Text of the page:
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As states begin to receive their share of federal stimulus dollars, several Republican governors are under increasing fire for rejecting some of the money. In Texas, the battle is over unemployment benefits, and the issue has made its way into the governor's race.
From member station KUT in Austin, Ben Philpott reports.
BEN PHILPOTT: Texas Governor Rick Perry misses no opportunity to bash the stimulus and how other states jumped at the chance to get the money.
Governor RICK PERRY (Republican, Texas): They're begging Washington, D.C. for a bailout. Is there anybody out there that's going to get one of them bailout checks? In Texas, we actually know it is a good idea to look a gift horse in the mouth.
PHILPOTT: Texas does plan to spend $14 billion in stimulus money over the next two years. But the governor rejected $555 million in unemployment insurance, money which would increase the number of people eligible for benefits. Perry says the Obama administration's move would have businesses paying more when the funds run out in the future.
Gov. PERRY: This administration wants to force the state of Texas and other states with this stimulus money to change our practices, change our habits, change the way that we govern. And on this unemployment insurance side, the message is very clear: thank you, but no thank you.
PHILPOTT: Several other GOP governors have rejected parts of the stimulus package. South Carolina's Mark Sanford has balked at taking education money. Louisiana's Bobby Jindal, Mississippi's Haley Barbour, Alabama's Bob Riley, and Alaska's Sarah Palin have joined Perry turning down extra unemployment insurance money. But Perry's decision doesn't sit well with job seekers.
Unidentified Man #1: Bob, return to the front desk, please. Bob, return to the front desk.
PHILPOTT: At a state-run job center in Austin, about 40 people huddle over computers typing resumes and scanning want ads. Wilbert Butler(ph) has been out of work since last summer and thinks public outrage over the governor's decision will only grow.
Mr. WILBERT BUTLER: I believe some of them don't know, but some of them is going to know sooner or later…
(Soundbite of laughter)
Mr. BUTLER: …about what he is doing.
PHILPOTT: Texas' unemployment rate is below the national average, but 100,000 Texans lost their jobs in the first two months of the year. State businesses could have their unemployment taxes doubled to meet the demand. So, reject the stimulus money and businesses pay now. Take it, and they pay later when the money runs out.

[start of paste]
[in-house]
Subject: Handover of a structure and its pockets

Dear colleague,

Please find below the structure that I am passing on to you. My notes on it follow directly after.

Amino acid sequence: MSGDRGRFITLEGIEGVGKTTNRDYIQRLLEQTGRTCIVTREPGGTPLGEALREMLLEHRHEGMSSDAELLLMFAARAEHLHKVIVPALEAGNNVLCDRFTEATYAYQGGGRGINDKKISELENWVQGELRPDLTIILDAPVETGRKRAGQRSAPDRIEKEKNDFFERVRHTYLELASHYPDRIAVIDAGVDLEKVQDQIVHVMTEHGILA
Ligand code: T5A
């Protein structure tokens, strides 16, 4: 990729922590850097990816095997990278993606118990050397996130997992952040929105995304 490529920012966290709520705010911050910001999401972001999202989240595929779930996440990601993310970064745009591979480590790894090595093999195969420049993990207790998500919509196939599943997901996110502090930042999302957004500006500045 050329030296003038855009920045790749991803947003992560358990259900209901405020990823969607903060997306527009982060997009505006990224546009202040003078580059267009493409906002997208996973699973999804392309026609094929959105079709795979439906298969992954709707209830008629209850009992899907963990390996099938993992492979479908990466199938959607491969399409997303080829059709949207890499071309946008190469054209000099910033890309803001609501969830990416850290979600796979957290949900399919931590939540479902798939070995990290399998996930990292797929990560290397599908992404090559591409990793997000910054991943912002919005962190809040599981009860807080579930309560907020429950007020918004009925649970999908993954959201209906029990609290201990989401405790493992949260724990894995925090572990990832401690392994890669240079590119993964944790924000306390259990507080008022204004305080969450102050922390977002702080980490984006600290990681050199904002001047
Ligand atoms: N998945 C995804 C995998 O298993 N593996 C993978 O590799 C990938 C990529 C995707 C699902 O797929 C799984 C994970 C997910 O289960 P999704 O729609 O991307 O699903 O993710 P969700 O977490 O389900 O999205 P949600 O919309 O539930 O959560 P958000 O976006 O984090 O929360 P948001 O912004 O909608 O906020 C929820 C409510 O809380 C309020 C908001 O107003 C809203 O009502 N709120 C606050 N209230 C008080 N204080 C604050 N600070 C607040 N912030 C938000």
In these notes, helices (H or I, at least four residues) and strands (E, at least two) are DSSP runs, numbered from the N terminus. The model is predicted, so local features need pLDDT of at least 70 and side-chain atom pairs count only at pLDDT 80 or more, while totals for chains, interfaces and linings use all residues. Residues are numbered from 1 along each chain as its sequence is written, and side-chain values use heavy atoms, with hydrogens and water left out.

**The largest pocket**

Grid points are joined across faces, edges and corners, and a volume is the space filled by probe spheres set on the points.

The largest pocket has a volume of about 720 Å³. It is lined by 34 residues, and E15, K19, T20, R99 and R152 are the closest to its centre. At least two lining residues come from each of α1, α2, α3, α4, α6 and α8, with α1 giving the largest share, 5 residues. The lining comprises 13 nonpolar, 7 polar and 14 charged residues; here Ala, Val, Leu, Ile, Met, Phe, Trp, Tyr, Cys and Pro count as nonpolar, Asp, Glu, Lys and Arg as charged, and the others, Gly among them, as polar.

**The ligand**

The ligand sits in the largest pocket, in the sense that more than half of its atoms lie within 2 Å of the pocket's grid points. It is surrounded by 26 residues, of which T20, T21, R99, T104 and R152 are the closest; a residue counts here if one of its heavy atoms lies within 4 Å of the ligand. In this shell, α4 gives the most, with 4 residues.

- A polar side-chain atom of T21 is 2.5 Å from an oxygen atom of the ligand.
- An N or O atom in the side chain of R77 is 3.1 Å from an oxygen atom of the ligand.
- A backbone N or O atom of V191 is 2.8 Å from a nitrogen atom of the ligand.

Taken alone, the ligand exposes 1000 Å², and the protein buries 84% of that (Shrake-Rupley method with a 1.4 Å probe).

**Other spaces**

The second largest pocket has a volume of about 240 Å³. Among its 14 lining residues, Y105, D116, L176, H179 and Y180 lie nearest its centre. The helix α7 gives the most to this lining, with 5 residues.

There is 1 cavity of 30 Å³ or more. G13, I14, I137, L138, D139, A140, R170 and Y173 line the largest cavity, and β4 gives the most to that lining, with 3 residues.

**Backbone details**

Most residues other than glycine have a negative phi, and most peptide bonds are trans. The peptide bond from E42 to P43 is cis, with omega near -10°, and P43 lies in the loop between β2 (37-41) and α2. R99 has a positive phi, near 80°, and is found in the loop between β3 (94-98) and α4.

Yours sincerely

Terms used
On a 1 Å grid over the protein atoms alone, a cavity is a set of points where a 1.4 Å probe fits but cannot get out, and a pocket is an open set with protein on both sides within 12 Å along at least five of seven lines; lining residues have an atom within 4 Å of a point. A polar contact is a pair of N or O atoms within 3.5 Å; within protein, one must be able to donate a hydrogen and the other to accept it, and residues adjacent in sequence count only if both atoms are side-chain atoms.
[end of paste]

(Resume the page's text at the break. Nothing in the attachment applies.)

Jim Dunham is a leading Democrat in the Texas House.
State Representative JIM DUNHAM (Democrat, Texas): So, the question is who is going to have to pay? Is it going to be the federal government helping us pay for it or are we going to double the tax on our employers to pay for it? And that's the choice he's making.
PHILPOTT: Perry's battle against the legislature is complicated by his re-election bid next year. He already has a strong primary challenger, U.S. Senator Kay Bailey Hutchison. At a recent AFL-CIO event near the Texas capitol, unemployed steelworker Don Smith said the governor shouldn't play politics while people in Texas are hurting.
Mr. DON SMITH: It's just another cheap trick, but your time is up Mr. Perry, and we're going to make sure of it.
(Soundbite of applause)
PHILPOTT: Ross Ramsey writes for the political newsletter Texas Weekly. He says whether the state should accept all federal stimulus money has galvanized Republican candidates, as they try to stake out their positions without alienating voters.
Mr. ROSS RAMSEY (Writer, Texas Weekly): Everything's going to be viewed through that prism. So, if he chooses a red jersey and she chooses a green jersey, everybody's going to say, oh, that's just politics. It may be that they would differ on this anyway, but it's brought into high contrast by the fact that they're running against each other.
PHILPOTT: Governor Perry remains firm on his rejection for now. But just last week, Nevada's GOP governor, Jim Gibbons, backed away from his initial concerns and has accepted all the stimulus money. And like the Texas governor, he's up for re-election next year and already has primary challengers.
For NPR News, I'm Ben Philbott in Austin.
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